Having an alimony arrangement requires diligent recordkeeping

Whenever a major financial transaction takes place, the parties involved want to make records of these moments to prove and validate that the transaction occurred. The information included in these records is critical, and it behooves both parties to secure these records for reference later (if necessary).

The same principles outlined above apply to spousal support (which was once called alimony). When spousal support is awarded after a divorce, both spouse should consider keeping track of every payment they make or receive.

There are a couple of good reasons for this. The first is that there are tax implications to spousal support. For the paying spouse, they can deduct those payments from their taxable income. For the receiving spouse, they must include the payments as part of their taxable income. Beyond this though, if any litigation were to occur in the future relating to either the divorce or their spousal support arrangement, it is very beneficial to have these records to point to.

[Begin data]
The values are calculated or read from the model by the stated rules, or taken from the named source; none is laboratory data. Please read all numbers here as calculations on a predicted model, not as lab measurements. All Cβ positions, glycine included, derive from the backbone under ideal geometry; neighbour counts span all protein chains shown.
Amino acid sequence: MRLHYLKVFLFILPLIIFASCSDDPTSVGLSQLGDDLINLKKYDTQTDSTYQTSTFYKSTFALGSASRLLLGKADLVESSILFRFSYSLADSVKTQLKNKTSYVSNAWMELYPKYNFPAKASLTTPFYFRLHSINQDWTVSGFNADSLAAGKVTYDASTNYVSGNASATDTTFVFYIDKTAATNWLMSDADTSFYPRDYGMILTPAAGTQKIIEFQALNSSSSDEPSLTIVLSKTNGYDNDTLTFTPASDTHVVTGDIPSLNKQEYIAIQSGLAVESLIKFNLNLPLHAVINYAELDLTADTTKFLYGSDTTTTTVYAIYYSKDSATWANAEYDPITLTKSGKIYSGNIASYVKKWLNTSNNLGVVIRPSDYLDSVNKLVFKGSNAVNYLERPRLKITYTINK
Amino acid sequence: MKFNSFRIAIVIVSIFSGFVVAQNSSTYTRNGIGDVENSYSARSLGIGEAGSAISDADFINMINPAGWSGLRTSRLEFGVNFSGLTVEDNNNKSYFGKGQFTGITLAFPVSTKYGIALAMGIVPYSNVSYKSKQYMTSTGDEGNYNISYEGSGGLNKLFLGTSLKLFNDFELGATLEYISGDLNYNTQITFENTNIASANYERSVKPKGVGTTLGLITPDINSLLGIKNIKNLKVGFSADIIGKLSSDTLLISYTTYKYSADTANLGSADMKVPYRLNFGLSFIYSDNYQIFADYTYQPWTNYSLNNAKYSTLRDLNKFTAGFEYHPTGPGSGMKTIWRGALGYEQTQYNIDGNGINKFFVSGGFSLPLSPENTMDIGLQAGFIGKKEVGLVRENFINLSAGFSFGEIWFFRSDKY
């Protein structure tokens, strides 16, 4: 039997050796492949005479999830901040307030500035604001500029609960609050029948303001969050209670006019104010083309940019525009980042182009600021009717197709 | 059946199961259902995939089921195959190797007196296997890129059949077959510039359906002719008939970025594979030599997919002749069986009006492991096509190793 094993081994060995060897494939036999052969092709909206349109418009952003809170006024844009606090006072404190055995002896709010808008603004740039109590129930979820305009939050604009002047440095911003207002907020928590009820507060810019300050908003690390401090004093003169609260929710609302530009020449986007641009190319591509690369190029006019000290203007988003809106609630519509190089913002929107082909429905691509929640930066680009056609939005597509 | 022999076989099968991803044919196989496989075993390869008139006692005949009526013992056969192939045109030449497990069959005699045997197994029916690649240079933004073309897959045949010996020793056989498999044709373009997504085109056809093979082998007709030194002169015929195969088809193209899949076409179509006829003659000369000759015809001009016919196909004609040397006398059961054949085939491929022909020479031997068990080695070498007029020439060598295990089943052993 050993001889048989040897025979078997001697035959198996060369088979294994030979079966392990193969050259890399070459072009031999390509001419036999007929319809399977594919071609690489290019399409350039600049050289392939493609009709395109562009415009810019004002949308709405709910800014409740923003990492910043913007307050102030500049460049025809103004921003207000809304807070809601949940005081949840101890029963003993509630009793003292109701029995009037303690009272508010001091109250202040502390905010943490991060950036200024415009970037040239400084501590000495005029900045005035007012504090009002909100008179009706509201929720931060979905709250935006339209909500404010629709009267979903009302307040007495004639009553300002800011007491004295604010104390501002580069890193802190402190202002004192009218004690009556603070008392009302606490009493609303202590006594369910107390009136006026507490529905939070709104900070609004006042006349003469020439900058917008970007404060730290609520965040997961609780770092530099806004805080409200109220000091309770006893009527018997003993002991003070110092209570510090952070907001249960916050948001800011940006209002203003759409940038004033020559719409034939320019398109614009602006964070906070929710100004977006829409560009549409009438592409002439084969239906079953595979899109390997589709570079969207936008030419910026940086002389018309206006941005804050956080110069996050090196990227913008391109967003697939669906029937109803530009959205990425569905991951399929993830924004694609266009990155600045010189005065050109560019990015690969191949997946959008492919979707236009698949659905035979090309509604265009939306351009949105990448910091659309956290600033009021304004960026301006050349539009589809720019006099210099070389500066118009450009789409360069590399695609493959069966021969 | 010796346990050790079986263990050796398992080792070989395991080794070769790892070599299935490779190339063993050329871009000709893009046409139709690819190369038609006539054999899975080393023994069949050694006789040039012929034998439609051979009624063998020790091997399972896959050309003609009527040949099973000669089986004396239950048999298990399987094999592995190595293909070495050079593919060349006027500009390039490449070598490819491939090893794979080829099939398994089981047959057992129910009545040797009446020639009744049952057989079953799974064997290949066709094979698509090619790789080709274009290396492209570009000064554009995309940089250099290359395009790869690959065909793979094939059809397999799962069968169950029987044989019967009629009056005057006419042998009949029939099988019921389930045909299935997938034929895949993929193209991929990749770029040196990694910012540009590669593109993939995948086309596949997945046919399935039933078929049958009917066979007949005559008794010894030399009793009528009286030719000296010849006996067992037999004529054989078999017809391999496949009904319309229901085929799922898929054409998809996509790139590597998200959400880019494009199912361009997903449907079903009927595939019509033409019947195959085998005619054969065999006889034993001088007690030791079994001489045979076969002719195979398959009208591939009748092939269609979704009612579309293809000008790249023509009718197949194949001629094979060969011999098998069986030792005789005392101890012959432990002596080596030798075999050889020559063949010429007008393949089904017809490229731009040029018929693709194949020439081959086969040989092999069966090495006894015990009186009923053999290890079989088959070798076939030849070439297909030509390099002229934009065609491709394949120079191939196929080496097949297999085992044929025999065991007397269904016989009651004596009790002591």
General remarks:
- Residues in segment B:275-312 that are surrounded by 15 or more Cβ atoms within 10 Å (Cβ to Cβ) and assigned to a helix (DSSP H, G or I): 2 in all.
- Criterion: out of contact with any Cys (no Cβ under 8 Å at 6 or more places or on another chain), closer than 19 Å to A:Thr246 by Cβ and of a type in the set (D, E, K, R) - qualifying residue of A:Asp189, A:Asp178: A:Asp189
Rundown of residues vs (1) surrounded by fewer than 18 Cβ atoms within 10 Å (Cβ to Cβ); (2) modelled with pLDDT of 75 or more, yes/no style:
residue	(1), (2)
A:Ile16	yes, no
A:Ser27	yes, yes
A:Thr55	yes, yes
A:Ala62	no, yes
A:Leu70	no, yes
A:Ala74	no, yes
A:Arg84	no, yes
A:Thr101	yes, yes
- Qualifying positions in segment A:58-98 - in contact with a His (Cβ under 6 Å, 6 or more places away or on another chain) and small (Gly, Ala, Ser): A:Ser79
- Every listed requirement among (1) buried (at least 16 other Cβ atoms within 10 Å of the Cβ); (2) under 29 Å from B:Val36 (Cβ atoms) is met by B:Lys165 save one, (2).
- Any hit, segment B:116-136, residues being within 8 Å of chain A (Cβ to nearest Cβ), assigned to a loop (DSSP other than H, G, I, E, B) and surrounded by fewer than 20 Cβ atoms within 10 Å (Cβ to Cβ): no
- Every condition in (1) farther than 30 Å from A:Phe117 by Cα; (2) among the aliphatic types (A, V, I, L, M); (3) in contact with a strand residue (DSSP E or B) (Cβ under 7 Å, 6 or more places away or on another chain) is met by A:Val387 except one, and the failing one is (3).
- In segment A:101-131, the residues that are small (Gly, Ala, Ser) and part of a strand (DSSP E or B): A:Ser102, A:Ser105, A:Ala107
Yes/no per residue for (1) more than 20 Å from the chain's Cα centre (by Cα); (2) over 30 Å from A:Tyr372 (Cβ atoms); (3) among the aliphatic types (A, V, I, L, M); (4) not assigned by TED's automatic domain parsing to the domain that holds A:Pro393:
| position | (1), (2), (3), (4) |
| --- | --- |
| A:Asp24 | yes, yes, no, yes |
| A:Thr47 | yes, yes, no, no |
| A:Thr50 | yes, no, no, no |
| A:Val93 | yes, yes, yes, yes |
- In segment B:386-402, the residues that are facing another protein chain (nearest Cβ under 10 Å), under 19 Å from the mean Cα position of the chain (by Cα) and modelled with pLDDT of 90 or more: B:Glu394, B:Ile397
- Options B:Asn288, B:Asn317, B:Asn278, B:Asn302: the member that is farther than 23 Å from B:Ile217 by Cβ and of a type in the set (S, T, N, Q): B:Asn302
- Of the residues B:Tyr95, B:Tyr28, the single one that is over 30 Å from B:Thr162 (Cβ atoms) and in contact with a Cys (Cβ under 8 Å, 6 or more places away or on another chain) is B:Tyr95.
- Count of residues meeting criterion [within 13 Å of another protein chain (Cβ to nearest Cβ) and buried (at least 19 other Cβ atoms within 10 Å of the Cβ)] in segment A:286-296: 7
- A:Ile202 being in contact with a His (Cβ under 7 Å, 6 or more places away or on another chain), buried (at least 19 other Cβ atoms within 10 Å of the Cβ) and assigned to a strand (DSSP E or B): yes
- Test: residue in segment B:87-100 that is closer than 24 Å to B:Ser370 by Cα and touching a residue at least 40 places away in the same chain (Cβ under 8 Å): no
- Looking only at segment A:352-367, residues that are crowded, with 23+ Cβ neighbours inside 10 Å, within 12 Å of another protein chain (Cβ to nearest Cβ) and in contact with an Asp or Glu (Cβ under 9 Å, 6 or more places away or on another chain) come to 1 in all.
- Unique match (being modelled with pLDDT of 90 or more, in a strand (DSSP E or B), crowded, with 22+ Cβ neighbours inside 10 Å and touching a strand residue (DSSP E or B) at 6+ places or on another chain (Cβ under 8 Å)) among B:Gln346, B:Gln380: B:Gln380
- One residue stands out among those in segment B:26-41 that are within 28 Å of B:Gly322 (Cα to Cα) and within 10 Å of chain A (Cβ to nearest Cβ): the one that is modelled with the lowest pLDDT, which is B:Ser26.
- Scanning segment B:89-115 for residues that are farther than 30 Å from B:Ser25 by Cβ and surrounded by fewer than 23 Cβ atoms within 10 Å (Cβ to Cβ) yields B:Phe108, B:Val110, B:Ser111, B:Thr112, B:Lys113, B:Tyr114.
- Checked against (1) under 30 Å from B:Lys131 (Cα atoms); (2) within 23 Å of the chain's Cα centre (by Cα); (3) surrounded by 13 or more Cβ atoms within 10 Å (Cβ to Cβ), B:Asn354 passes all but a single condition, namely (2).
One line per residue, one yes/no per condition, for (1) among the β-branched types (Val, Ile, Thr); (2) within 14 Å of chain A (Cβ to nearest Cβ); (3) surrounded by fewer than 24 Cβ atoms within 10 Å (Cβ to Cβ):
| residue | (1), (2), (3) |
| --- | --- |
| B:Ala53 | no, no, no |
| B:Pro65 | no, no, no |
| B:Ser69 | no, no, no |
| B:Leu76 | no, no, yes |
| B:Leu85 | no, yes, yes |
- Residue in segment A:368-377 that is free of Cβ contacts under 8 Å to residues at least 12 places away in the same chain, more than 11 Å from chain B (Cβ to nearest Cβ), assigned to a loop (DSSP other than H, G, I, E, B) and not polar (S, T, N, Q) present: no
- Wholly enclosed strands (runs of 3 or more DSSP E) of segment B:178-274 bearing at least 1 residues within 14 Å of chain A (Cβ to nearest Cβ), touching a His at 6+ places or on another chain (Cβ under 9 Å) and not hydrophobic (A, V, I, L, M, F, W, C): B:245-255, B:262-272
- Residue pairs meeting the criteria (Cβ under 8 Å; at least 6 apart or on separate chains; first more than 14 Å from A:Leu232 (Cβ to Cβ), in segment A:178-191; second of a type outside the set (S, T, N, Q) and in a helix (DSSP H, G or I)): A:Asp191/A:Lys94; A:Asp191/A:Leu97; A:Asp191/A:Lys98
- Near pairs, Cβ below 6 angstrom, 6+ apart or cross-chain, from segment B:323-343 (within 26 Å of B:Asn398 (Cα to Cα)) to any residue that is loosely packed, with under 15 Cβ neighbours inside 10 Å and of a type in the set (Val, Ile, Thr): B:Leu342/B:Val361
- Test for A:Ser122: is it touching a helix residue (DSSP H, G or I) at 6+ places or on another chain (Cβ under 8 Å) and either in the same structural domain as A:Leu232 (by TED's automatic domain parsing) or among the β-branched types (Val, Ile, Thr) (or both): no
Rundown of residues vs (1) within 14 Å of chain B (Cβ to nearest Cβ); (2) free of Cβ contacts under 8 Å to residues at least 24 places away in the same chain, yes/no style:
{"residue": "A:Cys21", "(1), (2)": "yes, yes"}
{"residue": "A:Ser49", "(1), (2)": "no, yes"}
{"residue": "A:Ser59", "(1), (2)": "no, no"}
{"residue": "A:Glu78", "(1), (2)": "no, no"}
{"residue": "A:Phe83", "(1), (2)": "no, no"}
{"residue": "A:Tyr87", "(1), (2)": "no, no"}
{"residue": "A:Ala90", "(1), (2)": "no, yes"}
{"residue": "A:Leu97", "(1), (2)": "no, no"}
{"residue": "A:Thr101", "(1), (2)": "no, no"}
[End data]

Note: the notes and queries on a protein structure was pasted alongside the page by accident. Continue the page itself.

So what kind of information should you collect on these payments? All of the simple facts are important. This means the check number, the amount of the payment, the date of the payment, the addresses used, the bank used, and the account type and number utilized should all be tracked. If the paying spouse either refuses to use checks or simply can't use checks, then a hand-made receipt should be created (that you both sign) to signify the completion of a cash transaction for spousal support.

Source: FindLaw, "Alimony Guidelines: What Records to Keep Regarding Your Alimony," Accessed April 13, 2018 

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